Lecture honors Daniel Pearl
CNN Correspondent recalls legacy of journalist and alum


October 18, 2006
By Janet Kim

In a lecture notable for its candor and critical edge, CNN Chief International Correspondent Christiane Amanpour offered a forceful defense of journalism last night at Kresge Auditorium.

“I believe strongly that in this uncertain world our profession has a particular and important role and a particular and important place in our societies and our democracies,” Amanpour said. “Without robust journalists, we as a society are weaker because we can’t tell the stories that we absolutely must be able to tell.”

Amanpour was the keynote speaker for the inaugural Daniel Pearl Memorial Lecture, a program sponsored by the Office of the President, the Office for Religious Life, the Center for Jewish Life, the Daniel Pearl Foundation and the ASSU Speakers Bureau. Pearl, a 1985 Stanford graduate and a reporter for The Wall Street Journal, was kidnapped and killed by a Pakistani militant group in 2002. This year’s lecture was the first in what is to become an annual lecture series honoring Pearl’s dedication to the improvement of the human condition through journalism, music and innovative communication.

The lecture is part of a series of Pearl commemorations. Last week featured the premiere of the HBO documentary “The Journalist and the Jihadi: The Murder of Daniel Pearl,” and the recognition of October 6-15 as the Daniel Pearl World Music Days.

Prior to Amanpour’s address, Pearl’s former classmate Howard Kaplan introduced Ruth and Judea Pearl, who each honored their son and thanked Amanpour for coming to Stanford.

“By honoring Danny, she honors a community of dedicated reporters who risk their lives so we can see reality from a different and new prism of truth and on a new level of understanding,” Judea Pearl said. “[Amanpour] honors the culture of modernity and open-mindedness that this university symbolizes, from which Danny absorbed his curiosity and love of humanity.”

“People like Christiane keep us going and keep us from the temptation of retirement,” deadpanned Ruth Pearl. “We are grateful to Stanford for honoring our son in so many ways.” Amanpour, in turn, thanked the Pearls for providing a source of inspiration.

“The Pearl family has heroically tried, and succeeded, in trying to turn the violence in that period of hatred into something that is optimistic, hopeful, and something that can bring understanding and promote tolerance,” she said. “I am so glad to be here today, and I’m really pleased that you’ve organized this annual lecture, and very proud to be the first one to be able to do it.”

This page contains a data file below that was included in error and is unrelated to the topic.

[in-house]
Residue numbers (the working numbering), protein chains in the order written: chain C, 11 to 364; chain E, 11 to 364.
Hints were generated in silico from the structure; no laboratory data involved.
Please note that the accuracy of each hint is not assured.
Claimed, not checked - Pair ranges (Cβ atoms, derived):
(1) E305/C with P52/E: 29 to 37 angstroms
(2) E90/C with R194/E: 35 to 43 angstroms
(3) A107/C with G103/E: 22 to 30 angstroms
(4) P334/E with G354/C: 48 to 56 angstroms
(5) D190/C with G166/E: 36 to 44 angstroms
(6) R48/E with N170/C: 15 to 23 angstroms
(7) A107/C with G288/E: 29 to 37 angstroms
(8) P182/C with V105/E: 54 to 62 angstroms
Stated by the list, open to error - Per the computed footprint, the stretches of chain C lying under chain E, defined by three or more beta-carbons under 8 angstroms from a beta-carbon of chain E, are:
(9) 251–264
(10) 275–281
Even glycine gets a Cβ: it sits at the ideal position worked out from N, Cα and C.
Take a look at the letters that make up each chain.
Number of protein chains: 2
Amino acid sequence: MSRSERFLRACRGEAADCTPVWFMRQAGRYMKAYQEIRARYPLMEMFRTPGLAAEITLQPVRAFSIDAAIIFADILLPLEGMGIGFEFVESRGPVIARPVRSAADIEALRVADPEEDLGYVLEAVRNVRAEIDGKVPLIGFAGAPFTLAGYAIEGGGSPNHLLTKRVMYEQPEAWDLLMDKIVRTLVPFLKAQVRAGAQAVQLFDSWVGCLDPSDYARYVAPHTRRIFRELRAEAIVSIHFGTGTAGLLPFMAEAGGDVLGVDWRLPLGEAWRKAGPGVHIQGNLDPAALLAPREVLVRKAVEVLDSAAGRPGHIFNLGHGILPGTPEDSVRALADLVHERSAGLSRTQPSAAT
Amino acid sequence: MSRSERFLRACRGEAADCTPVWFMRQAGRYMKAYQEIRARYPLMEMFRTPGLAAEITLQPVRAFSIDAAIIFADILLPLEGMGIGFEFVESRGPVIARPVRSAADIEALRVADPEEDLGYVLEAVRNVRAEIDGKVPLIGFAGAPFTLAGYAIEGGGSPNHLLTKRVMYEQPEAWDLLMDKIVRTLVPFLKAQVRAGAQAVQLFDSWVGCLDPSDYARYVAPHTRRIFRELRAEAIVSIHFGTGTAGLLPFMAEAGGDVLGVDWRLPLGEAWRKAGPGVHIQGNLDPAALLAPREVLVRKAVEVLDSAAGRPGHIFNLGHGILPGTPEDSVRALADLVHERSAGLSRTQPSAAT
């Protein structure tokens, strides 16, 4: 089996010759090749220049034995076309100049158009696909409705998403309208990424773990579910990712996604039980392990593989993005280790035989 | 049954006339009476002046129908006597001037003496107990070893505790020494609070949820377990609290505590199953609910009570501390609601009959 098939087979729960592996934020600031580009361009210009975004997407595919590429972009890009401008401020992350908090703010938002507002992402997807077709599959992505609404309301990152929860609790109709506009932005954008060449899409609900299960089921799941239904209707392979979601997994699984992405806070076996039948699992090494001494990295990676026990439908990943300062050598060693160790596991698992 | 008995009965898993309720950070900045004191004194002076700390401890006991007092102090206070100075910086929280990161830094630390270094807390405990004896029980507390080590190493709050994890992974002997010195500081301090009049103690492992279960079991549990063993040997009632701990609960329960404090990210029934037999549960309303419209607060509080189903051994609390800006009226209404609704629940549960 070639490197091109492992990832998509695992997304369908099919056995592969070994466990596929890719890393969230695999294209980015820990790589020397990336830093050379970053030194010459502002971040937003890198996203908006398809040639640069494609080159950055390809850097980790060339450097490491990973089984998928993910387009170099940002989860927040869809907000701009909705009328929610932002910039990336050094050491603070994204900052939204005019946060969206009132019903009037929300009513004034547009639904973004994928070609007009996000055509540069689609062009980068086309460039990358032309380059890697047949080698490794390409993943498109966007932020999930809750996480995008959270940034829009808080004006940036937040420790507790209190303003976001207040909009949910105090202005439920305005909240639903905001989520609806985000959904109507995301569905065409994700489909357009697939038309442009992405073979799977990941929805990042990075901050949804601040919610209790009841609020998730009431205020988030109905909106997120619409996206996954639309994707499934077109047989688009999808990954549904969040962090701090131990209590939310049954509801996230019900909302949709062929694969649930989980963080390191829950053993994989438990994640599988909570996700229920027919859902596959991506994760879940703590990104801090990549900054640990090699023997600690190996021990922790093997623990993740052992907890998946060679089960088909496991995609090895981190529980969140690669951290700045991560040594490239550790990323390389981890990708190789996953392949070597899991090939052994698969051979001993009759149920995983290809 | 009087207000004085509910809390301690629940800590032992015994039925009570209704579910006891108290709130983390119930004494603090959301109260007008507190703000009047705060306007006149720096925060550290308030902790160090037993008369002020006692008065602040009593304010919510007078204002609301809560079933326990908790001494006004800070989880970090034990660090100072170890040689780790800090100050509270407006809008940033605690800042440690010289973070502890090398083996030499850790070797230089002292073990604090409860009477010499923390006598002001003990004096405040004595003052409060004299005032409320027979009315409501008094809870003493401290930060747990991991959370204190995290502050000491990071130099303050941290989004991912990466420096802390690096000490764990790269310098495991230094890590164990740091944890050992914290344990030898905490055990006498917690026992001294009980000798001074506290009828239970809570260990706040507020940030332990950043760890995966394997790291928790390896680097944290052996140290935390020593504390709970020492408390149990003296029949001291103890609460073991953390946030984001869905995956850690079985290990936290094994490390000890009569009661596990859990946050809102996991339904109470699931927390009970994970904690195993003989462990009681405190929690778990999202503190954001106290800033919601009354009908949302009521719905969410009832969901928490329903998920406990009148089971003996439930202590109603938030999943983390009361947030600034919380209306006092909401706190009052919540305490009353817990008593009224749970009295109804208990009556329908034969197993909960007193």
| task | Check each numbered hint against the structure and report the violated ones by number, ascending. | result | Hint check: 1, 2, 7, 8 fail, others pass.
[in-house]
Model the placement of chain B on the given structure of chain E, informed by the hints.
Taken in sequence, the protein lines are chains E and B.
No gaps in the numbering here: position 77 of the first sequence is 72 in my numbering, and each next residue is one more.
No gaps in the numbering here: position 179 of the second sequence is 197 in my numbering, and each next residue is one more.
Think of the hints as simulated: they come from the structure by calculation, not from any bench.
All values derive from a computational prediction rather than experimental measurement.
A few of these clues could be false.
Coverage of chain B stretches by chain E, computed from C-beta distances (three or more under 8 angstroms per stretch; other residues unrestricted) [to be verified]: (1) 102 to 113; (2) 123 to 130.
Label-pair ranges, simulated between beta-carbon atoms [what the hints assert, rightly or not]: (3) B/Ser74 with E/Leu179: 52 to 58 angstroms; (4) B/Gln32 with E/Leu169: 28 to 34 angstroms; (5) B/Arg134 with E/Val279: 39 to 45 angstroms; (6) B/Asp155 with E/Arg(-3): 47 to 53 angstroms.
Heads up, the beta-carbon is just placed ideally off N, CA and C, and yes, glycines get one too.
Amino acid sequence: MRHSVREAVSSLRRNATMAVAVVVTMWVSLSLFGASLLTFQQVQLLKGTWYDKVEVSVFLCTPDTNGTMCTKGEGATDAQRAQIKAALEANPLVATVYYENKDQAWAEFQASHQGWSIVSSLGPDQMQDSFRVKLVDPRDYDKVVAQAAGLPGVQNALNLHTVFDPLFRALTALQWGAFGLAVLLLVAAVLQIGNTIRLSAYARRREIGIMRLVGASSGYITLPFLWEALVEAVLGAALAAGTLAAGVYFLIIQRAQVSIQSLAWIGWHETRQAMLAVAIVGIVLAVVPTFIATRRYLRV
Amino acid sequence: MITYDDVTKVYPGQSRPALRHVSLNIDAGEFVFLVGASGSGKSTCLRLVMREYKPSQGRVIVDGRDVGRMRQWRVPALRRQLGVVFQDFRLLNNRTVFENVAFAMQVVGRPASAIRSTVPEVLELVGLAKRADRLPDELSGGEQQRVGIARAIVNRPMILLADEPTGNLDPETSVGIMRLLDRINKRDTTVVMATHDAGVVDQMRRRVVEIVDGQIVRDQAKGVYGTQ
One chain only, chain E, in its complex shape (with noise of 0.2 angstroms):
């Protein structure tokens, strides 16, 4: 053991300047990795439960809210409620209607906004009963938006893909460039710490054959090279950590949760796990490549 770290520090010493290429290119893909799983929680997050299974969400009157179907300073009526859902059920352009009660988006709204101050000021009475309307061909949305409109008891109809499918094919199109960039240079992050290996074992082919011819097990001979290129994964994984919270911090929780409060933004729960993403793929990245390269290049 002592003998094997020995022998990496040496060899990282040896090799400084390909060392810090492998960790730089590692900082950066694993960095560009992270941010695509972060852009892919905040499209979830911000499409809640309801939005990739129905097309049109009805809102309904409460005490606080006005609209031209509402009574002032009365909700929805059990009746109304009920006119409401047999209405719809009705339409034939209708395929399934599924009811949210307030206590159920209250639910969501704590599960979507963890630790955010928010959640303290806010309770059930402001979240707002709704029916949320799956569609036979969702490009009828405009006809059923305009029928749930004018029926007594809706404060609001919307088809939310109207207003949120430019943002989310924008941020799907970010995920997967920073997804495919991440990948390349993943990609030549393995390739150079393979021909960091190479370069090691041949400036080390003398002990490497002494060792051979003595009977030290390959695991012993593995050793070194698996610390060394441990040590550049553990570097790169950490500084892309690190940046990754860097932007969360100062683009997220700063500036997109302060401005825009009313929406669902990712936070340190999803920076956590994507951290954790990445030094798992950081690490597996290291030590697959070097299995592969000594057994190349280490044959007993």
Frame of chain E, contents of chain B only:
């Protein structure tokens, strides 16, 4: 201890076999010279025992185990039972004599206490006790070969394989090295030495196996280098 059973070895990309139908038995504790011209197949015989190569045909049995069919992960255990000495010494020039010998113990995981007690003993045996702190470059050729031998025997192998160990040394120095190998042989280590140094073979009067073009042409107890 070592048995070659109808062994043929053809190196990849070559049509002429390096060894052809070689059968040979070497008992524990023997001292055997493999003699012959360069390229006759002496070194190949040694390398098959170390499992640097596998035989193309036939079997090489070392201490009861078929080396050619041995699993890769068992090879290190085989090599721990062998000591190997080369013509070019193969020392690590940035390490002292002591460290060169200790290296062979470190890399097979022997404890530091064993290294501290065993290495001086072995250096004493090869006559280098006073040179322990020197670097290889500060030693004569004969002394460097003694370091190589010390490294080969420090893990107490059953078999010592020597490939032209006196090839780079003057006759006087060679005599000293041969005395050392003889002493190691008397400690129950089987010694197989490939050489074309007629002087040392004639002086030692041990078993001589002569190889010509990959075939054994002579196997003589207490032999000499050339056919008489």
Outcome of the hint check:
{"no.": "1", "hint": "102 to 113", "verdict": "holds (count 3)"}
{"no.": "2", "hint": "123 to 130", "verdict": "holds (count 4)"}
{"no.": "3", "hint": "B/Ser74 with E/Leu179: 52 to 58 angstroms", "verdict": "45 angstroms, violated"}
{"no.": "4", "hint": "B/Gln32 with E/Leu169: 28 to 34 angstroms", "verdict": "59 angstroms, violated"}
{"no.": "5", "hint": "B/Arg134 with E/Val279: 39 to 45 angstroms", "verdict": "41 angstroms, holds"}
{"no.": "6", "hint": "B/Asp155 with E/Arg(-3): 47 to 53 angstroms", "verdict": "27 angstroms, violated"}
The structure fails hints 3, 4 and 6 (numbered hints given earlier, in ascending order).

Speaking without notes to a standing-room-only audience, Amanpour offered insights, not only from her experience as a prolific foreign correspondent, but also as a critic of her own industry and a first-hand observer of world conflicts. Her subject matter ranged from diminishing international support for the War on Terror to her view that journalism has become too heavily beholden to profits and, consequently, too trivial.

“The age that we are in right now is the age of serious, but what we are given is about the most banal and frivolous diet you can imagine,” she said. “I don’t know where it’s coming from, or why the networks are peddling this kind of frivolity when we desperately need to get to the bottom of these matters.

According to Amanpour, the most important stories going untold are those that inform the American public about the culture clash that dominates the international arena — stories that convey facts that are not manipulated for political utility.

“I’ve seen wholesale cuts in foreign bureaus, wholesale retreat from foreign news coverage,” she said. “It could not come at a worse time, with the world so tense, with policy being so heavily politicized that it is so difficult even to figure out where is the truth.”

Amanpour did not shy away from a stern appraisal of the American political establishment. The strongest criticism she extended was the failure of the United States government to take advantage of the international coalition that formed after the September 11 attacks, or of the high regard in which members of the international community hold the U.S.

“[After September 11], people in the most unlikely corners of the world and in the most unlikely countries lit candles, said prayers and sent support,” she said. “It is truly heartbreaking to go around the world and see that, by and large, that coalition of cooperation, genuine shock and outrage doesn’t exist anymore. Something happened in the last five years that has turned the world against this great country whose values are the best in the world — whose democracy, whose economy, whose morals, whose education are sought in every corner of the world — and that’s not an exaggeration, even in countries where you might think people are hostile to the U.S. Something has gone wrong.”

Amanpour, however, did not blame the war in Iraq for the failure of the international coalition in the War on Terror. Rather, she argued, it was the lack of a coalition-presence in the rebuilding process, along with the US government’s reluctance to face reports of civil disorder in Iraq, that sapped foreign support and decreased the United States’ credibility.